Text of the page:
It is a poor definitive because it discounts many young indie brands that sell through e-commerce, and with that, it instantly makes them more accessible than ever. There is also no divide between young indie labels and heritage perfumeries.

Compounding the issue too is how big conglomerates are buying over niche perfumeries. Estee Lauder has acquired into its fold, Frédéric Malle, By Kilian and Le Labo; L’Oréal has Ateliers Cologne; Puig owns L’Artisan Parfumeur and Penhaligon’s; LVMH has majority stake in Maison Francis Kurkdjian; and UK-based private equity Manzanita owns Diptyque and majority share in Byredo.

The evolving fragrance market makes the definition moot, said Chong and he suggested this perspective: “Did it start as a perfume house? Heritage is a limiting factor as some niche brands have longer histories while others like Byredo are younger but no less distinct.” He added that another big tell is the scent narrative. Niche fragrances have more depth and authenticity because they reflect the inspirations of the perfumer, his lifestyle or travels for instance. “The story behind a designer scent tends to originate in a marketing agency, what they feel they can sell you,” he said.

Escentials Paragon store
Escentials’ first boutique was at Raffles Hotel and it carried 12 cult labels then. Today Escentials’s flagship is at Paragon and it has a second parlour at Tangs Orchard. (Photo: Escentials' website)


A different accord may be elusive to capture, but at the end of the day, you still need to make an exceptional product. And artistry gives niche perfumeries edge, said Luxasia trainer Stacia Chua.

It goes back to the original tenets of perfumery. It is an art that requires the due process of introspection and time for a narrative to develop. There has to be respect for the ingredients; however perennial, seasonal, exotic or rare, they have to be top quality. There must be an openness to experiment with new materials or novel combinations of smells. Just as how more robust concentrations of oils and extracts can give boldness to a fragrance, a refined distillation of ingredients can give it clarity and transparency. Chuck the notion that some fragrances are made for men, and some for women. Smells know no gender and a scent that is well formulated is gender equal. How they wear on you depends on heat, body temperature and your skin’s natural acidity.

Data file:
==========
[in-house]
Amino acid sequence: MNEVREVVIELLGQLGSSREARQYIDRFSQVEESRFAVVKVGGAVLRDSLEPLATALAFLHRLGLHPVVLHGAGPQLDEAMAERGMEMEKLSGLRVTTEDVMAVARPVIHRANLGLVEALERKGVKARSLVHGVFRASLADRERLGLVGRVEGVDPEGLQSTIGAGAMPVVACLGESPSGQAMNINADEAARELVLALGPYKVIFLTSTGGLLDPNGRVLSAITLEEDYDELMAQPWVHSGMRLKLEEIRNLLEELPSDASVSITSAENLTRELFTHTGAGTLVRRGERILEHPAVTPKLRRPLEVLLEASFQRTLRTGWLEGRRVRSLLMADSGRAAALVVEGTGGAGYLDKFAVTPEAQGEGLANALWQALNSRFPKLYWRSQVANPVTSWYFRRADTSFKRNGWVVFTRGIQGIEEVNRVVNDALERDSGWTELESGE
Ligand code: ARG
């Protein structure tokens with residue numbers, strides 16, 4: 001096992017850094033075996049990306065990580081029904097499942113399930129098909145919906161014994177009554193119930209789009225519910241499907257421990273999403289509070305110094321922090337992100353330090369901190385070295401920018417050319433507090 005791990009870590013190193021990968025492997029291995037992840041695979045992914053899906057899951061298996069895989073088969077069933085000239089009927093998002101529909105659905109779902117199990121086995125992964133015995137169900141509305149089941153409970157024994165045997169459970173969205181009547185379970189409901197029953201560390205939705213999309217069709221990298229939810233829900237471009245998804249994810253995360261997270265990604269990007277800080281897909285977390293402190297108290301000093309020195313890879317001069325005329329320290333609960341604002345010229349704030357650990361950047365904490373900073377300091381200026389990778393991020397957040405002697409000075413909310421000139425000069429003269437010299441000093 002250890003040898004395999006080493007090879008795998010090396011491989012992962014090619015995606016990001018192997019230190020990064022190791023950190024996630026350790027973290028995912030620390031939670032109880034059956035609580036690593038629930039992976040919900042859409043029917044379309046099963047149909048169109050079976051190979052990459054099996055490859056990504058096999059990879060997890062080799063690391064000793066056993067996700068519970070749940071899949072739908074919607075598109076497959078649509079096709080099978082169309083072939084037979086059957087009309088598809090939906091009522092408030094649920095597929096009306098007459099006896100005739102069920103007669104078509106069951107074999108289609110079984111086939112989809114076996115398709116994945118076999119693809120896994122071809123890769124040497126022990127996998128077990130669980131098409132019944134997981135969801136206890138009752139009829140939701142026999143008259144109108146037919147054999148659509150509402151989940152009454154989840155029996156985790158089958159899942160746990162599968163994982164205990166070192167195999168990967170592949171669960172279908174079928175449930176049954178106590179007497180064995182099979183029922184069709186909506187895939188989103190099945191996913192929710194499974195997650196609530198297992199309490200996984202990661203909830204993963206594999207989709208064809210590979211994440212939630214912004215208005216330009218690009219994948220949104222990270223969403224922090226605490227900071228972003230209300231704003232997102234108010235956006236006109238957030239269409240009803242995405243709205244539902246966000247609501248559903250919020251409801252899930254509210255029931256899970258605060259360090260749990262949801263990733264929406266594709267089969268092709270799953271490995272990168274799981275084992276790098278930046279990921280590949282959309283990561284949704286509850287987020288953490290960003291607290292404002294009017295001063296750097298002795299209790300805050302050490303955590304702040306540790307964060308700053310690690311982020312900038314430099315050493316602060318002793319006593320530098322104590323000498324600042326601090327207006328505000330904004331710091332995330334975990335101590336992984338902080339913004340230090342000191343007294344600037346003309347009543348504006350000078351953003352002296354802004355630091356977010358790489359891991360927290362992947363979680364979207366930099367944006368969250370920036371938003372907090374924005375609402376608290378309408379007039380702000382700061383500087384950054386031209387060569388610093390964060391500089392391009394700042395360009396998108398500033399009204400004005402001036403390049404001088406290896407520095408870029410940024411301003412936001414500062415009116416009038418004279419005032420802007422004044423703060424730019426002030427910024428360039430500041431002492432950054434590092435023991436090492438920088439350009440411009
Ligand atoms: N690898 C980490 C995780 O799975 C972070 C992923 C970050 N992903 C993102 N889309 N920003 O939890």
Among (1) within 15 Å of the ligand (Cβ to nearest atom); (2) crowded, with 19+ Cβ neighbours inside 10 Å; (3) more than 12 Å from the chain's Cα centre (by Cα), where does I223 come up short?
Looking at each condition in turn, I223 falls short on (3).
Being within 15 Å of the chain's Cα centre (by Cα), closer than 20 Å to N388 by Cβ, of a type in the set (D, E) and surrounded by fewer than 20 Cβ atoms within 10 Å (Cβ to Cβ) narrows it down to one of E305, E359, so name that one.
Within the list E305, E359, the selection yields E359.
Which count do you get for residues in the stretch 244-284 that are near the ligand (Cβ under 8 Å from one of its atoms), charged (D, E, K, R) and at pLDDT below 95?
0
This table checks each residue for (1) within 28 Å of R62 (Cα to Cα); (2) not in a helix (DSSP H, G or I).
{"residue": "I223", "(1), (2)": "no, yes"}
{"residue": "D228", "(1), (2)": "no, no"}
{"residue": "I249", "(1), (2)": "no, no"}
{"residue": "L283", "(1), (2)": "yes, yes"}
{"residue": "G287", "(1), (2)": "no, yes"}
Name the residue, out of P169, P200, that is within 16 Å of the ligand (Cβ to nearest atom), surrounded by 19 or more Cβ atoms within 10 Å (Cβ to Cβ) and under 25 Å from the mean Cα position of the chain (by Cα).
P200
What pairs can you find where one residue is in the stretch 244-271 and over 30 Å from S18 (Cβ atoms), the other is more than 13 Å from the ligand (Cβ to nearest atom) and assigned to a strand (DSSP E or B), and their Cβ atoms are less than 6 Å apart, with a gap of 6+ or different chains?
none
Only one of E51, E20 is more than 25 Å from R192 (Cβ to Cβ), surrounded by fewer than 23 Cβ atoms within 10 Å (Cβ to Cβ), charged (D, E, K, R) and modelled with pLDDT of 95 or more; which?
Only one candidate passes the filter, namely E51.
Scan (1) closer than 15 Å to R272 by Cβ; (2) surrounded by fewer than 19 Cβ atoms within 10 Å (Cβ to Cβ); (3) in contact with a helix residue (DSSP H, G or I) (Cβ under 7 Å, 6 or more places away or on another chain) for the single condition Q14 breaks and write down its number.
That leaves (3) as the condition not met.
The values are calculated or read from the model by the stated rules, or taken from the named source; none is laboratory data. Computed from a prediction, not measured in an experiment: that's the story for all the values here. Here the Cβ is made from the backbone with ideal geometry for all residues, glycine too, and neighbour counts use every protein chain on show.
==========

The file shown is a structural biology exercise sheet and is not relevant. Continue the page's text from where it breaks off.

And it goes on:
At the end of the day, use your nose to suss out your signature, the one that says “me, not you”. It is that instinctive; there is no ambivalence. That is the wondrous alchemy of scent.

Here are six options if you want to smell different from the rest:


Code Deco Happy Blu, $175
Code Deco Happy Blu, $175.

Made by Singapore’s first niche perfumer, this citrusy sunshine-in-a-bottle is what you would use to re-write a blue Monday – an energising mood-lifter.


Byredo Kabuki Fragrance, Blanche, $79.

It’s hard not to fall in love with this Swedish rebel perfumery – it makes wearing scent exciting again. A retractable brush dispenses micro-fine perfume powder that you dust all over your body or layer over your spray. It comes in three scent variants but we’re partial to the fresh notes of Blanche – think fluffy, clean towels, blue skies, and the luxurious lather of French-milled soaps.


Penhaligon's Luna EDT
Penhaligon’s Luna EDT, $330.

This English heritage perfumer (it was founded in 1870) embodies the difference between old-world and old-fashioned. Its fragrances don’t date, like this fresh, clean and yet sensual citrus floral scent that wears delightfully well in our humidity.


Diptyque Vetyverio EDP, $201.

The perfume complement to the French brand’s 2010 Haitian Vetiver EDT, the addictive floral and woody fragrance has more depth and a slight smokiness that’s very sexy on skin.


Serge Lutens L'eau Serge Lutens EDP, $200
Serge Lutens L’eau Serge Lutens EDP, $200.

This almost feels like an antithesis of a perfume. It smells clean and refreshing, like clean mountain air and breeze. It’s quite a departure from the full-bodied fragrances more typical of the iconic French perfumery.


Frederic Malle Carnal Flower edp, $550
Frédéric Malle Carnal Flower EDP, $550.

Tuberose scents tend to lean towards heavy and heady, but the leafy greens and woods in Malle’s version give this a gentle freshness. Timeless, sexy and intimate, this scent is very reflective of his perfumes. Plus, you keep wanting to smell your skin.

Source: CNA/bt